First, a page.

2 Method Description Advantages Disadvantages makes those requests to the Internet on behalf of the local client. A proxy machine acts as a buffer between malicious remote users and the internal network client machines. what applications and protocols function outside of the LAN Some proxy servers can cache specific (HTTP, Telnet, etc.) or protocol restricted (most proxies work with TCP connected services only) frequently-accessed data locally rather than having to use the Internet connection to request it, which is convenient for cutting down on unnecessary bandwidth consumption Application services cannot run behind a proxy, so your application servers must use a separate form of network security Proxy services can be logged and monitored closely, allowing tighter control over resource utilization on the network Proxies can become a network bottleneck, as all requests and transmissions are passed through one source rather than directly from a client to a remote service Table 7-1. Firewall Types 7.1. Netfilter and iptables The Linux kernel features a powerful networking subsystem called Netfilter.. The Netfilter subsystem provides stateful or stateless packet filtering as well as NAT and IP masquerading services. Netfilter also has the ability to mangle IP header information for advanced routing and connection state management. Netfilter is controlled through the iptables utility iptables Overview The power and flexibility of Netfilter is implemented through the iptables interface. This command line tool is similar in syntax to its predecessor, ipchains; however, iptables uses the Netfilter subsystem to enhance network connection, ction, inspection, and processing; whereas ipchains used intricate rule sets for filtering source and destination paths, as well as connection ports for both. iptables features advanced logging, pre- and post-routing actions, network address translation, and port forwarding all in one command line interface. This section provides an overview of iptables.. For more detailed information about iptables,, refer to the Red Hat Enterprise Linux Reference Guide Using iptables The first step in using iptables is to start the iptables service. This can be done with the command: service iptables start Warning The ip6tables services should be turned off to use the iptables service with the following commands:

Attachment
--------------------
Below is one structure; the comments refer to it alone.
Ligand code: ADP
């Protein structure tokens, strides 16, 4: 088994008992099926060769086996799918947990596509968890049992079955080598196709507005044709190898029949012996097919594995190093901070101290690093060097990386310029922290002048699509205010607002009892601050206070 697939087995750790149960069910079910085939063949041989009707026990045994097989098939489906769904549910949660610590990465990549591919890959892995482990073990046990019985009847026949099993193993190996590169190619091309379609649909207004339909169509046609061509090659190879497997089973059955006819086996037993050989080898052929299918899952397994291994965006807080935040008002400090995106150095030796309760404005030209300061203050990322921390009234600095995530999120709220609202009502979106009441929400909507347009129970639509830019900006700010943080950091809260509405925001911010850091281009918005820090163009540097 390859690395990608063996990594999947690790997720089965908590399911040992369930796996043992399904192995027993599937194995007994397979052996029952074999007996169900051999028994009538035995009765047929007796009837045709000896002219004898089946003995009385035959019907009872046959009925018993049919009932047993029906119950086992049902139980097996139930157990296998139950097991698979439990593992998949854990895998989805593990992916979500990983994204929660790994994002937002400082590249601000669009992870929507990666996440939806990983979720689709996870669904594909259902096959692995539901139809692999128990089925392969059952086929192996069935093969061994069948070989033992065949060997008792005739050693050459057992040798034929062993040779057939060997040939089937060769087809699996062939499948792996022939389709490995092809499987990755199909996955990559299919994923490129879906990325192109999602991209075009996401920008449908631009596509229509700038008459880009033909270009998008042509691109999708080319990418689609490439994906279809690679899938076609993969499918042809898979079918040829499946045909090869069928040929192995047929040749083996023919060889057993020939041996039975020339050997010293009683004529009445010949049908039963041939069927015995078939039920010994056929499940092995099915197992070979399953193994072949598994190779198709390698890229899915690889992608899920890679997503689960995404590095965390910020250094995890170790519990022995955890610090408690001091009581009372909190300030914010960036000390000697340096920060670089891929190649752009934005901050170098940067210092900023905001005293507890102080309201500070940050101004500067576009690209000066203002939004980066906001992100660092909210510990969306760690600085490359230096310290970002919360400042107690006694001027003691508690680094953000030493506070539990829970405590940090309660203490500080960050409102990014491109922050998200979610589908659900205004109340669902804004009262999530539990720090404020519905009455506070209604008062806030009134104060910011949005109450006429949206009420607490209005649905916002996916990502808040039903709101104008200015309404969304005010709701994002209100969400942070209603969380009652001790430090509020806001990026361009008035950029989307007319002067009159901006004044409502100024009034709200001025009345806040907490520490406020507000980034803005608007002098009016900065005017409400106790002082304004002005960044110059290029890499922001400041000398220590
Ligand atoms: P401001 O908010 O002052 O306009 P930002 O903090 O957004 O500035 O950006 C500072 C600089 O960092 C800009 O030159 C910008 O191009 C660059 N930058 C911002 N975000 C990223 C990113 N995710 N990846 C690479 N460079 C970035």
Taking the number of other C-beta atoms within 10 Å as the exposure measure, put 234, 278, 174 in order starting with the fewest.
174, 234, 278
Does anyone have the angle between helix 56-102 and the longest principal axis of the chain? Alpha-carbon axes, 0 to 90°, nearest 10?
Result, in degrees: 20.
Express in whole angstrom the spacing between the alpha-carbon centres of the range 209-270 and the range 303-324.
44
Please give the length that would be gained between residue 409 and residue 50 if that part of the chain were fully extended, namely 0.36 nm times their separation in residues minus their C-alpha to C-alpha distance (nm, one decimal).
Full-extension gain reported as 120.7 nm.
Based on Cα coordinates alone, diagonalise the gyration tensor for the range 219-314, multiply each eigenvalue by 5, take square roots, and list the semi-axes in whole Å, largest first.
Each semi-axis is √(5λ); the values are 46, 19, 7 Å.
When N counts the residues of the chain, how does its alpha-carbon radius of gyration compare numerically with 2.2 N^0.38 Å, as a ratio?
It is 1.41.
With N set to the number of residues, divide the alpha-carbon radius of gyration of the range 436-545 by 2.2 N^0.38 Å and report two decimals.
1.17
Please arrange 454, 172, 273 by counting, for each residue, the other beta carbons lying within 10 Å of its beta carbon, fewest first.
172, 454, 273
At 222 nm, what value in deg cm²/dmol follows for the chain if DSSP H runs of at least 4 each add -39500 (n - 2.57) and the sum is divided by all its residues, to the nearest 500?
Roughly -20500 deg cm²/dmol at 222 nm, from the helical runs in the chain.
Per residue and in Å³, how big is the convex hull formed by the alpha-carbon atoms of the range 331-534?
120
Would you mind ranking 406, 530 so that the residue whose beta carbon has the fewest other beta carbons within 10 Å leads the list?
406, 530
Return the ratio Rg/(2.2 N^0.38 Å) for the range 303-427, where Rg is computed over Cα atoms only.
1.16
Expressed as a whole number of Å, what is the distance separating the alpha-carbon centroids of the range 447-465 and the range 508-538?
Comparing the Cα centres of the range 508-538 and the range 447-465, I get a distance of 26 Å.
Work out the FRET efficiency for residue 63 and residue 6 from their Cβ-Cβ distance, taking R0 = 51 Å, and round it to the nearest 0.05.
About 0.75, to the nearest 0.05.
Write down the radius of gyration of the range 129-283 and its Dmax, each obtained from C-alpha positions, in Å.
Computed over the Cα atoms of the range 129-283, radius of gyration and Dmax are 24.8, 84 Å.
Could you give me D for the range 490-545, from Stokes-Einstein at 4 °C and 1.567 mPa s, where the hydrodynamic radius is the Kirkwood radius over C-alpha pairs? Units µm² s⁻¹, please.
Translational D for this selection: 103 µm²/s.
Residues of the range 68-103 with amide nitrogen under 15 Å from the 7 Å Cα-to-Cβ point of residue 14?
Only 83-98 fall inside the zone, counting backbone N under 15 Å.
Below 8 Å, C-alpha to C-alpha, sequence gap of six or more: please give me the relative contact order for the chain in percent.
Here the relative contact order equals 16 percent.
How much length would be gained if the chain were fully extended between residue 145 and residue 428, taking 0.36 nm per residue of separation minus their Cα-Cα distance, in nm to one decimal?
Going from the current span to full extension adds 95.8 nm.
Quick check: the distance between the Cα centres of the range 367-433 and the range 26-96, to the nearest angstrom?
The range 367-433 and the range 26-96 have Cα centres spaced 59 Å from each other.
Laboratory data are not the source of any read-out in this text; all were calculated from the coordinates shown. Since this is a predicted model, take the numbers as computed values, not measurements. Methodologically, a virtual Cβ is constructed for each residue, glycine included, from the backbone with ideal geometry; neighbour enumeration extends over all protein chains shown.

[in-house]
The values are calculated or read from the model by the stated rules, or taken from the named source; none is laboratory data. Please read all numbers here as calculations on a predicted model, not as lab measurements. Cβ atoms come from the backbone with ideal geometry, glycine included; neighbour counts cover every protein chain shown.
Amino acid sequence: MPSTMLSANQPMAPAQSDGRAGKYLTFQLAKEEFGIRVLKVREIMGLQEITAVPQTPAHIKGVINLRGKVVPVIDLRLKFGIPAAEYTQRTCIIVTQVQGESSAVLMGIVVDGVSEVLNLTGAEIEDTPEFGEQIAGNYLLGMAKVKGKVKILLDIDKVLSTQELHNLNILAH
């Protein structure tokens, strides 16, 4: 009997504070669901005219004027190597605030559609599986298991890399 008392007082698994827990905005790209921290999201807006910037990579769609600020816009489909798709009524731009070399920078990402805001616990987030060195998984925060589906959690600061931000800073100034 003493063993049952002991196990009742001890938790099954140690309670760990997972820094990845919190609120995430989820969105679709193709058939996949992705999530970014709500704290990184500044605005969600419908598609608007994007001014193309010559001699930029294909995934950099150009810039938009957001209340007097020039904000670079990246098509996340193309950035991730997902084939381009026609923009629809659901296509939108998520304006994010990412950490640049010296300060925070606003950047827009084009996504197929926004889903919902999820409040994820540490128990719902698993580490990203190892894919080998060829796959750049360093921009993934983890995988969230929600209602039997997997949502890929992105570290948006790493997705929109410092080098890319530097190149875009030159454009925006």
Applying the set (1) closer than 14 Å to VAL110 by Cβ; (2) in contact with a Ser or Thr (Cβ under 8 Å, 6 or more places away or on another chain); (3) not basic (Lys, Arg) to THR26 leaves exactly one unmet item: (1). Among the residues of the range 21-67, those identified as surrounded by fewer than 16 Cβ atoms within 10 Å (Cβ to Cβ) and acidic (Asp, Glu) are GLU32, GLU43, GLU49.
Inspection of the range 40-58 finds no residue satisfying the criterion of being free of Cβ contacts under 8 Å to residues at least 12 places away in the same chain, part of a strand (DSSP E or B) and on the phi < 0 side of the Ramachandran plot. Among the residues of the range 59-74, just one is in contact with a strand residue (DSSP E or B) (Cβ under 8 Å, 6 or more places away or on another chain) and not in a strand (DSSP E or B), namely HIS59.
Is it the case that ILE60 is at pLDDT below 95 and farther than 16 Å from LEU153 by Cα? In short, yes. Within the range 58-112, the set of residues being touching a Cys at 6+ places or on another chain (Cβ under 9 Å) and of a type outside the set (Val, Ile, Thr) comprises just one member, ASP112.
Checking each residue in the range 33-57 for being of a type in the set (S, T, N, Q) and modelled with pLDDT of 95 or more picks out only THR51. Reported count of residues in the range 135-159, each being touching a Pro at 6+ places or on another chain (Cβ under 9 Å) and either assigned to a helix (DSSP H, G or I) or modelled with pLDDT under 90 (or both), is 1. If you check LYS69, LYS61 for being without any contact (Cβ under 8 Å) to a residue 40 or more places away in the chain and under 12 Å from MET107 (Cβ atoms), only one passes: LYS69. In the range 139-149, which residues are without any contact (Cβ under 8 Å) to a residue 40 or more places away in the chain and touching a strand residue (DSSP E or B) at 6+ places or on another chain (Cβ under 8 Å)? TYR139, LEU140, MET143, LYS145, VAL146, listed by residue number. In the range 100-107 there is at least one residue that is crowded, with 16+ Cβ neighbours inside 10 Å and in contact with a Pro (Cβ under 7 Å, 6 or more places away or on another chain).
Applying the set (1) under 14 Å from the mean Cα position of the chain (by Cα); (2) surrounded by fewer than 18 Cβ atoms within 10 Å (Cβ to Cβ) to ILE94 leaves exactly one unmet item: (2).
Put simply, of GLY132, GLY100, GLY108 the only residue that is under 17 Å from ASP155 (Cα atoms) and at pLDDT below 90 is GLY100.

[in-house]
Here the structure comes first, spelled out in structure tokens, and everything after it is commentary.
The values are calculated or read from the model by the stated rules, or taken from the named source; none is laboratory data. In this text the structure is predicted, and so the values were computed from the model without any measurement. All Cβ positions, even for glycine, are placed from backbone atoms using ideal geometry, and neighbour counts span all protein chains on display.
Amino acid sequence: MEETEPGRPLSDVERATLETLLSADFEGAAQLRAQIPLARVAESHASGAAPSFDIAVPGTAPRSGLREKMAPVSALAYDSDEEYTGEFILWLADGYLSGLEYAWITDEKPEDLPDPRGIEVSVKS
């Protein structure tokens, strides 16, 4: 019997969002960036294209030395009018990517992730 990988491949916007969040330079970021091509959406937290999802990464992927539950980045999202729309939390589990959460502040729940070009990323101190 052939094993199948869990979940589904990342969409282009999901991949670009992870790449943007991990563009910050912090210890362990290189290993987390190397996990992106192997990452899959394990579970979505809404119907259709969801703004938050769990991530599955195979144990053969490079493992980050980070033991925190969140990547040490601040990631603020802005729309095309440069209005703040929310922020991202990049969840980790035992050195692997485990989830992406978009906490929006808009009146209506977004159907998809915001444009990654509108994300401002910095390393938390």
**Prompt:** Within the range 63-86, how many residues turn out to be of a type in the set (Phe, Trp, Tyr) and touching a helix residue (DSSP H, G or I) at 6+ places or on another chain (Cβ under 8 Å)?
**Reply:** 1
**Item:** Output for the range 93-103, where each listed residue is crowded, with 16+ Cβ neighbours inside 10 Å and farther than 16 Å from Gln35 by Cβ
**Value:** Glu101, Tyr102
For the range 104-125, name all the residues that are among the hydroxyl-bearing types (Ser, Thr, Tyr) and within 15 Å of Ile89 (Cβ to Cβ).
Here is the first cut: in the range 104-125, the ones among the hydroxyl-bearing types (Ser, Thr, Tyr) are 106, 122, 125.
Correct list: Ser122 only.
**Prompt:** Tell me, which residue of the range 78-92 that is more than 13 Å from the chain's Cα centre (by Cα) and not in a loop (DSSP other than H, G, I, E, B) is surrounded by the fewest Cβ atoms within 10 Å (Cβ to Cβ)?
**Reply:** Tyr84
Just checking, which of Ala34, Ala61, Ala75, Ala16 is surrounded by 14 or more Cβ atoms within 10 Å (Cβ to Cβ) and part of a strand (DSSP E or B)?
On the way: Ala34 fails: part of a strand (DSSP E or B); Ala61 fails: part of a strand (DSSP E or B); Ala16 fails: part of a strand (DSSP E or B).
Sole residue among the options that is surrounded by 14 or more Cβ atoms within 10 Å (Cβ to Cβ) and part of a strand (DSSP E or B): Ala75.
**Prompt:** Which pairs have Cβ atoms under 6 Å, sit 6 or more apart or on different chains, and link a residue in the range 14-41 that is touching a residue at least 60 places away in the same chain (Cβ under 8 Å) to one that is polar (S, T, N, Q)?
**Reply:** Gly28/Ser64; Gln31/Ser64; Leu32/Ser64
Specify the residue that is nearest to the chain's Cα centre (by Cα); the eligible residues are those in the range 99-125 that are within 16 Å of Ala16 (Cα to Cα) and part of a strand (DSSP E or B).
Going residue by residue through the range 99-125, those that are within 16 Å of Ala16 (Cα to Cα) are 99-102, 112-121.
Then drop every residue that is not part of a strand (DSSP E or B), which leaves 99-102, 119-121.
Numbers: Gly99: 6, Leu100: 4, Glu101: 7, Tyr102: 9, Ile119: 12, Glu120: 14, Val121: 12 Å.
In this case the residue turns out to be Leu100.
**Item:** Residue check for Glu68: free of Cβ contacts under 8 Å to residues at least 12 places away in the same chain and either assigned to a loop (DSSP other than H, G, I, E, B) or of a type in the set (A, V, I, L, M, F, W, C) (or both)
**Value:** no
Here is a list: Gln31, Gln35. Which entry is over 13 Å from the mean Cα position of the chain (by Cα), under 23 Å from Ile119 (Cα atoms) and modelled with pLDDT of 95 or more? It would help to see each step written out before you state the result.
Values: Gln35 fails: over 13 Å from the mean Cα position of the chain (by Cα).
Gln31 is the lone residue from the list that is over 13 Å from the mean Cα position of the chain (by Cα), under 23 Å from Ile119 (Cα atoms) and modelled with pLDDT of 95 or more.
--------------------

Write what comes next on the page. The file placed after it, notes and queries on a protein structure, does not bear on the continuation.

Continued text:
3 service ip6tables stop chkconfig ip6tables off To make iptables start by default whenever the system is booted, you must change runlevel status on the service using chkconfig. chkconfig --level 345 iptables on The syntax of iptables is separated into tiers. The main tier is the chain. A chain specifies the state at which a packet is manipulated. The usage is as follows: iptables -A chain -j target The -A option appends a rule at the end of an existing ruleset. The chain is the name of the chain for a rule. The three built-in chains of iptables (that is, the chains that affect every packet which traverses a network) are INPUT, OUTPUT, and FORWARD. These chains are permanent and cannot be deleted. The -j target option specifies the location in the iptables ruleset where this particular rule should jump. Some built in targets are ACCEPT, DROP, and REJECT. New chains (also called user-defined chains) can be created by using the -N option. Creating a new chain is useful for customizing granular or elaborate rules Basic Firewall Policies Establishing basic firewall policies creates a foundation for building more detailed, user-defined rules. iptables uses policies (-P) to create default rules. Security-minded administrators usually elect to drop all packets as a policy and only allow specific packets on a case-by-case basis. The following rules block all incoming and outgoing packets on a network gateway: iptables -P INPUT DROP iptables -P OUTPUT DROP Additionally, it is recommended that any forwarded packets network traffic that is to be routed from the firewall to its destination node be denied as well, to restrict internal clients from inadvertent exposure to the Internet. To do this, use the following rule: iptables -P FORWARD DROP After setting the policy chains, you can create new rules for your particular network and security requirements. The following sections outline some rules you may implement in the course of building your iptables firewall Saving and Restoring iptables Rules Firewall rules are only valid for the time the computer is on; so, if the system is rebooted, the rules are automatically flushed and reset. To save the rules so that they are loaded later, use the following command: /sbin/service iptables save The rules are stored in the file /etc/sysconfig/iptables and are applied whenever the service is started or restarted, including when the machine is rebooted Common iptables Filtering Keeping remote attackers out of a LAN is an important aspect of network security, if not the most important. The integrity of a LAN should be protected from malicious remote users through the use of stringent firewall rules. However, with a default policy set to block all incoming, outgoing, and forwarded packets, it is impossible for the firewall/gateway and internal LAN users to communicate with each other or with external resources. To allow users to perform network-related functions and use networking applications, administrators must open certain ports for communication.